4. Set up a few goals for this product, such as data collection.

    Creating a working prototype will lead you through all development stages, too!

    Demo sessions: when and how

    The demo is the first working prototype of your future killer app. If you’re developing an innovative solution, put a demo phase earlier, just to be sure the technologies you’re working with are compatible. 

    The demo is ready to be tested by end-users, so few closed focus groups will be enough to check if your audience is prepared for this kind of content. Don’t forget to collect all the insight from the demo — at this stage, fixing UI and functionality is easy, but later on, it might become problematic.

    #8 Release and support

    When your app is built, it’s time to go public. Here’s our step-by-step guide on how to submit your app to the App Store properly:

    1. Collect all the important information about your app:
    • Screenshots (for iPhone 8/10/iPad)
    • App logo (512 x 512px)
    • Description (up to 400 symbols)
    • Short description (up to 80 symbols)
    • URL containing your Privacy Policy or document
    • Release build
    • Answer the age rating questions
    1. Create an iOS distribution provisioning profile and distribution certificate
    2. Create an App Store Connect record 
    3. Archive and upload your app using Xcode
    4. Configure app’s metadata and further details in its App Store Connect record
    5. Submit your app for review
    6. Check the status of your app
    7. If your app is rejected, make necessary fixes
    8. Done! You’re now on the App Store

    Remember: it takes about one to three days to receive approval. And it can take up to 24 hours for your app to appear in the App Store after approval.

    What is the lifecycle of an AR product?

    • Demo — first working prototype
    • MVP — minimal functional version 
    • Release version — fully functional and ready product
    • Patches — upgrades and additions to the product
    • Final version — the last modified version of a product

    After the release, the product is mostly supported for a brief period of time to make it more stable.

    What happens on a launch day?

    Launch day is the day your solutions become available to the audience. The content can be available for everyone to download via stores or presented on several devices only — depending on your needs.

    The date of the launch should be presented in the roadmap. The best day for the launch is the day your marketing campaign launches — to align all of your plans and track the efficiency of your AR activation properly.

    How to gather feedback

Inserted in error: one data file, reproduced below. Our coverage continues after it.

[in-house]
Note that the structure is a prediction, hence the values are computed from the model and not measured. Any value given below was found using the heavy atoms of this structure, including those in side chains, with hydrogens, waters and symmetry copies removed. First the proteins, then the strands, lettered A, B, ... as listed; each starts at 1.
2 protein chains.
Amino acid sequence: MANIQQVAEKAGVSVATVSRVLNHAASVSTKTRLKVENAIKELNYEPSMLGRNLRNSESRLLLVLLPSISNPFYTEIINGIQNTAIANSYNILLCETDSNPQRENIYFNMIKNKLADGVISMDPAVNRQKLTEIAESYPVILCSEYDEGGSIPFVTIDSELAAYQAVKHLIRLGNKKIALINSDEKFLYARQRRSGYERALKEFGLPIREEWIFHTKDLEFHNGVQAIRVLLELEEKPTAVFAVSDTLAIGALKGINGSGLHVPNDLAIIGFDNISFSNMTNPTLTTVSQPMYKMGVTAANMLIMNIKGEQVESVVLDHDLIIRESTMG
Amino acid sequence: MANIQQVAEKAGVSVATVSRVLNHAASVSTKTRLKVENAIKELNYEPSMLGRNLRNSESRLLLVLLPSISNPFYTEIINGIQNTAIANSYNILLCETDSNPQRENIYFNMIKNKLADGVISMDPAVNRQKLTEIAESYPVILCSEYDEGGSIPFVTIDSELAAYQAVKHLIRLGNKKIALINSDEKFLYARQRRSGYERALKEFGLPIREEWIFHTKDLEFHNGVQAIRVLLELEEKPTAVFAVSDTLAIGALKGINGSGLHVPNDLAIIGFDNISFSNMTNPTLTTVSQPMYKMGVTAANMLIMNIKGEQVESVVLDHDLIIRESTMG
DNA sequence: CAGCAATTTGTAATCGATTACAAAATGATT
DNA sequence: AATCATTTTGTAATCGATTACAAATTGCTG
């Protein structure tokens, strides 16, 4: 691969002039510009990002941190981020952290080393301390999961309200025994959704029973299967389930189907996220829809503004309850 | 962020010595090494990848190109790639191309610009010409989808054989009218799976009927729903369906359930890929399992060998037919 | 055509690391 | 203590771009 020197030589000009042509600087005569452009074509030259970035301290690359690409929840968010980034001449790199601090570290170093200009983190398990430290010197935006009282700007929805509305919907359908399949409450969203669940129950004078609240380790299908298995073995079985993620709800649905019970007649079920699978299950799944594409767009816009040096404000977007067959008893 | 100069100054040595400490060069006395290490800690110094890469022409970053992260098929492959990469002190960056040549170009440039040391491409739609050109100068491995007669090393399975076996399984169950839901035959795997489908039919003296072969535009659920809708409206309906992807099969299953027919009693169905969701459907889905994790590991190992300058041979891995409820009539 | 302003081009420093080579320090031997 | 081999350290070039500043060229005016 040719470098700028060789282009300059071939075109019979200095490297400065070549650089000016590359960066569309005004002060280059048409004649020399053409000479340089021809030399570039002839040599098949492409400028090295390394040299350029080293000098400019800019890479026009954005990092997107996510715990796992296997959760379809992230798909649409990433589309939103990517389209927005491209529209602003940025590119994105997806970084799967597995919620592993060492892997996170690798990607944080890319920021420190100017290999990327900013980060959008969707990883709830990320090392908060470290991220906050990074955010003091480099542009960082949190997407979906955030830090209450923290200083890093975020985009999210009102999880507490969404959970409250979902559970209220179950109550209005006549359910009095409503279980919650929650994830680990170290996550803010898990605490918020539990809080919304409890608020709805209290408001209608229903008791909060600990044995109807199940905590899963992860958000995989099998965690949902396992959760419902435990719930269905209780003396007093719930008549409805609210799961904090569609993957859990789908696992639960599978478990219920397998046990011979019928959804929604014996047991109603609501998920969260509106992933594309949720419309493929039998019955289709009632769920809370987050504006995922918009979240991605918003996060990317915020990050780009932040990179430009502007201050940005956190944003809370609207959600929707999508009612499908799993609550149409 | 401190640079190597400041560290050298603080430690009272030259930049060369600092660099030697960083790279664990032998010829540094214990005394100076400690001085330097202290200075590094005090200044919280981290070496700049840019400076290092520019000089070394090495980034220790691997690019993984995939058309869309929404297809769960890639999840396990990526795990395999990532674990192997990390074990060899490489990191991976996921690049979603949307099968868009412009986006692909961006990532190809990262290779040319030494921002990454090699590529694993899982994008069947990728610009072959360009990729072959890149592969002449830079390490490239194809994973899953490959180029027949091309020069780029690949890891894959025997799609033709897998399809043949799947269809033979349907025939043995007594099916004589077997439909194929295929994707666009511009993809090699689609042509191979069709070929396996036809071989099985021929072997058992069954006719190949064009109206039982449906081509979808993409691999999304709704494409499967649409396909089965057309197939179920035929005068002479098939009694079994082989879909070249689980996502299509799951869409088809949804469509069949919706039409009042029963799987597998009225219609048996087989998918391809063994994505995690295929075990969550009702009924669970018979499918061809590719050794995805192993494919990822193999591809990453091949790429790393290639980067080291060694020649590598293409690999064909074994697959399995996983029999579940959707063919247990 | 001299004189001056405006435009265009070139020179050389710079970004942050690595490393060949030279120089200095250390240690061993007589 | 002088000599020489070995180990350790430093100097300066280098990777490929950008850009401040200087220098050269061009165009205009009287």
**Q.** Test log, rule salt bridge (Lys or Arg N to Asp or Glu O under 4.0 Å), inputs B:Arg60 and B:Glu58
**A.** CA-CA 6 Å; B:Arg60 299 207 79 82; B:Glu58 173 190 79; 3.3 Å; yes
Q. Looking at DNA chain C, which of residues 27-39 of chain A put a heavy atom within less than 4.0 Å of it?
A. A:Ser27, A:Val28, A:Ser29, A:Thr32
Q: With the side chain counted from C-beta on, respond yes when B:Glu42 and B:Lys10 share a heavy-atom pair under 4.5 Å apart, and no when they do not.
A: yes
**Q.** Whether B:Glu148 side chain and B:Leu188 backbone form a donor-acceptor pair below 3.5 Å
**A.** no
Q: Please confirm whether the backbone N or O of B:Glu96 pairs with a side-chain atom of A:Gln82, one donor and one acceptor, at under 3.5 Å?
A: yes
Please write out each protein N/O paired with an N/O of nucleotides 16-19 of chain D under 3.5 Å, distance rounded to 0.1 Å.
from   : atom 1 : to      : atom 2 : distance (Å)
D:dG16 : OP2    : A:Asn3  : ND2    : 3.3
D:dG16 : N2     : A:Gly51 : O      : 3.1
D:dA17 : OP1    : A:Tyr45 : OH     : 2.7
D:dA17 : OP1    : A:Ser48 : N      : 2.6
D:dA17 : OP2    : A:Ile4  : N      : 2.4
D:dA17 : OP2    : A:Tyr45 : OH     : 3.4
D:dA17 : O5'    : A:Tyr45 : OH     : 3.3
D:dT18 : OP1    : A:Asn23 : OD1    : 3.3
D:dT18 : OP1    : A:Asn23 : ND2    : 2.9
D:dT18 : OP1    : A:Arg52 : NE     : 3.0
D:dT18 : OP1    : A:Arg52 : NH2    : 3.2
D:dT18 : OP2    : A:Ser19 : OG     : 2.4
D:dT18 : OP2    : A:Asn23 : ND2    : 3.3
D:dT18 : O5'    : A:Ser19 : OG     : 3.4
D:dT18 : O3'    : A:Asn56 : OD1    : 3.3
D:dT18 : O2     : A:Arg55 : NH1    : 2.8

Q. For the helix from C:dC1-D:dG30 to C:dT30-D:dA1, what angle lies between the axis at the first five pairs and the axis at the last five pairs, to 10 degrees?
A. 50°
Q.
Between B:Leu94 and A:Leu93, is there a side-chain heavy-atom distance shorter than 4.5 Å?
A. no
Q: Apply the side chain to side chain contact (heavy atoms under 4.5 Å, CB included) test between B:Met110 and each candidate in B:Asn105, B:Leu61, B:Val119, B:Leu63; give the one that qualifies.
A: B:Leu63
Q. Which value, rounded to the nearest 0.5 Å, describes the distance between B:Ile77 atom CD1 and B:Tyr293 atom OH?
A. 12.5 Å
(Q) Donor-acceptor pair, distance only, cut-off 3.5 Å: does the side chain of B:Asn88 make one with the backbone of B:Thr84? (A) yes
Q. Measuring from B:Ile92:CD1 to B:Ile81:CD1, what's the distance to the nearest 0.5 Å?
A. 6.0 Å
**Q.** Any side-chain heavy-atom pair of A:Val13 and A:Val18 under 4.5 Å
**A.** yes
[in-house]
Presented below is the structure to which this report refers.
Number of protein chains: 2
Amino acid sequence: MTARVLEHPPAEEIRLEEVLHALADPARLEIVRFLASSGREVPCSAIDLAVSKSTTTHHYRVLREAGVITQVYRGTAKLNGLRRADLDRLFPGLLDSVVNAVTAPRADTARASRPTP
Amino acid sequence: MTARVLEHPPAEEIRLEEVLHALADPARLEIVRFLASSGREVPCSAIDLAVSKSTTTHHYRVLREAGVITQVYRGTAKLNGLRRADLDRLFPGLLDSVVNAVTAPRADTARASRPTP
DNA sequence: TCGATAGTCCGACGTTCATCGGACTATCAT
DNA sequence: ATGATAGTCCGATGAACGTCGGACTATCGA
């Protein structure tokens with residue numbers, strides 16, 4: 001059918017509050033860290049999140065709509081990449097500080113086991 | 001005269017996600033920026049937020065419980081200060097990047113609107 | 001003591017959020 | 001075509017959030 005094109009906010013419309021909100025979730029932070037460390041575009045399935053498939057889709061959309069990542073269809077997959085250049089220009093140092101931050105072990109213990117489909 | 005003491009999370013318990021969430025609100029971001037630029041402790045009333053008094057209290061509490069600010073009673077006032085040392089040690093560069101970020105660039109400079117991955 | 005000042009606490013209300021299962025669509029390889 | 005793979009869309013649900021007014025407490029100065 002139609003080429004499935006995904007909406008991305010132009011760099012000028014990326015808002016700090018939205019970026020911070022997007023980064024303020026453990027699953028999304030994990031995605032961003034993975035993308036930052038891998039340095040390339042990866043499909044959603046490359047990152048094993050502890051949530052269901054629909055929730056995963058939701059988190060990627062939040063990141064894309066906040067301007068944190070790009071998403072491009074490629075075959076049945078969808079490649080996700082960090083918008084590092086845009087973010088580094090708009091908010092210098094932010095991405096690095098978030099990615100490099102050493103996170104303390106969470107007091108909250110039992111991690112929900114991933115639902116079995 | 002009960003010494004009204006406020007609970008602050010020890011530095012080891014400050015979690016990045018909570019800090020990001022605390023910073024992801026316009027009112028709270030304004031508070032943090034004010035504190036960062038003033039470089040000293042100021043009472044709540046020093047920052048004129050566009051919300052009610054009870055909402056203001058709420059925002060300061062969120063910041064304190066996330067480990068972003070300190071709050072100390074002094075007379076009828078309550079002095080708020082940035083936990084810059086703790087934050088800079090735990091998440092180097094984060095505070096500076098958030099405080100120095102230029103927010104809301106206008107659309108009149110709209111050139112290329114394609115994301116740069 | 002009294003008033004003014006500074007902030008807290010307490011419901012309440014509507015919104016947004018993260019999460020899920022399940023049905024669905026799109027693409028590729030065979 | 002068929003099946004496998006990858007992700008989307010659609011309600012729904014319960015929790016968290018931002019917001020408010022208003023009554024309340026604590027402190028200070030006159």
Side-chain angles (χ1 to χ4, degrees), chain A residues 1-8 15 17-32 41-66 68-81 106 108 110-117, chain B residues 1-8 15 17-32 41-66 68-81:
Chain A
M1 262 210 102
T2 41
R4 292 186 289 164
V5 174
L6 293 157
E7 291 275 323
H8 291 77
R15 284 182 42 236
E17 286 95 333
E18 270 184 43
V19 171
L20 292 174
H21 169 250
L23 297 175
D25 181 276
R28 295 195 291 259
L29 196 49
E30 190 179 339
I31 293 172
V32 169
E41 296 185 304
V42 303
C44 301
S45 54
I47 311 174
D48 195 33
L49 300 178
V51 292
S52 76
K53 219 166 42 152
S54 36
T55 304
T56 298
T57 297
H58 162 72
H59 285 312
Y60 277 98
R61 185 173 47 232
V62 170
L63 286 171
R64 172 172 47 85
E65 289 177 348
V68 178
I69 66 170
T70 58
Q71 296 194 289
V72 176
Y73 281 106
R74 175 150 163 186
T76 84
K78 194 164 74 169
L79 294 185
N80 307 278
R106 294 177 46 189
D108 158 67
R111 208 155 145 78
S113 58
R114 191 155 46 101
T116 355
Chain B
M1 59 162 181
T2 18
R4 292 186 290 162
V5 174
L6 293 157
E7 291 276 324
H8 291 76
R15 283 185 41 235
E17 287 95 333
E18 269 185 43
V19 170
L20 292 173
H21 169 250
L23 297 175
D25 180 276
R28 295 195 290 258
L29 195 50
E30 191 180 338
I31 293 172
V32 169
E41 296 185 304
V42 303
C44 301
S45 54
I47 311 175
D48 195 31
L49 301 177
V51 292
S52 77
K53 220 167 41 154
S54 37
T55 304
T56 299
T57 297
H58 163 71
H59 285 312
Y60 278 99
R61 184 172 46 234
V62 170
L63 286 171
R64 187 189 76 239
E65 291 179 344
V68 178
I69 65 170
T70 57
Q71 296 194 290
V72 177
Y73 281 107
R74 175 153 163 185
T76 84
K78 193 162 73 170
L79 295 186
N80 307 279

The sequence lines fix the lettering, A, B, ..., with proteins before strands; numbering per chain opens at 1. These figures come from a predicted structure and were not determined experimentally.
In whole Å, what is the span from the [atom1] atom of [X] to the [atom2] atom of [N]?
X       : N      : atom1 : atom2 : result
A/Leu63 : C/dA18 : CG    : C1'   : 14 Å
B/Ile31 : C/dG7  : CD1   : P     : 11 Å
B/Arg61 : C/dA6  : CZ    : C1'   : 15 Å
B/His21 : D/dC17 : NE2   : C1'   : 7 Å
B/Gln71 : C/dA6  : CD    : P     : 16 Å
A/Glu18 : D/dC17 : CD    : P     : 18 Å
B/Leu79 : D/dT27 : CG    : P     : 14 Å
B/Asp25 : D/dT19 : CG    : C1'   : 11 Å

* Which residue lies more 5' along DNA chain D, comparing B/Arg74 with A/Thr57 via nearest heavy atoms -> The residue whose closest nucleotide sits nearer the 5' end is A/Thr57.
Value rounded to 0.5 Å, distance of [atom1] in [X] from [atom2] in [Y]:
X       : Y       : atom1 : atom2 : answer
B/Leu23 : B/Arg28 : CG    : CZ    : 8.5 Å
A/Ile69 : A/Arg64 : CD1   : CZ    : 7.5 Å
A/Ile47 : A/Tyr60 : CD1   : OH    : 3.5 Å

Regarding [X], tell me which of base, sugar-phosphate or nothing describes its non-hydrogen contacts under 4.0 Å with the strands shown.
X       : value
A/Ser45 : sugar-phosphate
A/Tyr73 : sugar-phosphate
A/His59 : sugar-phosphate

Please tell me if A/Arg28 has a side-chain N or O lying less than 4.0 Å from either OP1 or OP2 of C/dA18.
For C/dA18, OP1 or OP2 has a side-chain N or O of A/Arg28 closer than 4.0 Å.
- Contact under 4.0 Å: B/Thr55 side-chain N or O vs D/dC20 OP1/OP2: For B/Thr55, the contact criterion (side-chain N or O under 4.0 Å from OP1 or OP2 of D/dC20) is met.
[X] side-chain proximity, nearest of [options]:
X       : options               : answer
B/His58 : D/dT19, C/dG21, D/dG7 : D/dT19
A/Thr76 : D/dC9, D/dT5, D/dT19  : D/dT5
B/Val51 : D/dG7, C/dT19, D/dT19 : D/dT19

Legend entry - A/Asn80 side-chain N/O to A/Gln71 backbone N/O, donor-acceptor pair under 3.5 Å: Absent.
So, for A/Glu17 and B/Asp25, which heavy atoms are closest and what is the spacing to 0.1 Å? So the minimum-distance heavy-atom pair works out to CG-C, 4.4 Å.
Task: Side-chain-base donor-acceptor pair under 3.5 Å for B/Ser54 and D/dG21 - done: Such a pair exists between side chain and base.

Your users are your primary feedback source, so you want to check the number of downloads, rating on stores, social media impact, and media reaction.

    First days after the launch are most important, as most of the feedback will be available straight away. It is an excellent time to gather all the bad stuff about the solution and fix it.

    Remember: be patient and aware of feedback, even, or especially, if it’s mostly negative. The insights of your audience can help you improve the product.

    #9 Data collection

    Well done! Your first AR app is finally released, and now it’s time to reap the rewards and collect the data about its success to make it even better over time. AR app allows you to collect all the critical information about the user experience in real time. What data is interesting for marketing?

    • Time spent
    • Number of actions
    • Heat map
    • Content interactions
    • Behavior
    • Preferences in products

    How to Improve Your Next Development? 

    There is always room for improvement. During the development, gather notes for every step taken — questions asked, problems encountered, and insights taken. Of course, your first experience can be overwhelming with new vocabulary, but development has many similarities with marketing campaign launch. Here are some of them:

    • Problem identification
    • Ideation
    • Pitching
    • Designing a solution
    • Launch and support
    • Feedback and overview

    As a product owner, your task is to sum up all the stages of development. The technical part isn’t your responsibility, but the overall performance counts on your possibility to explain and communicate ideas to developers.

    Your growth points are communication quality and technology understanding. Develop your knowledge of AR by following companies with an active blog and cases overview.

    First campaign overview

    When the campaign is finished, the data gathered will show if it was successful. Media buzz isn’t an efficiency mark yet, just as the number of downloads. You want users to interact with your product, share it, and enjoy. But more importantly — to improve their connection with a brand and provide useful information. That means a good overview will include:

    • Number of quality interactions with AR
    • Marketing expectations met and expectations unfulfilled
    • Client feedback
    • Users feedback

    Technology partner overview

    A satisfied customer is good, and the customer that leaves feedback is the best, even if the feedback isn’t the best. Everyone wants to improve, so even after the project is done, be sure to leave comments, notes, and rate the developer.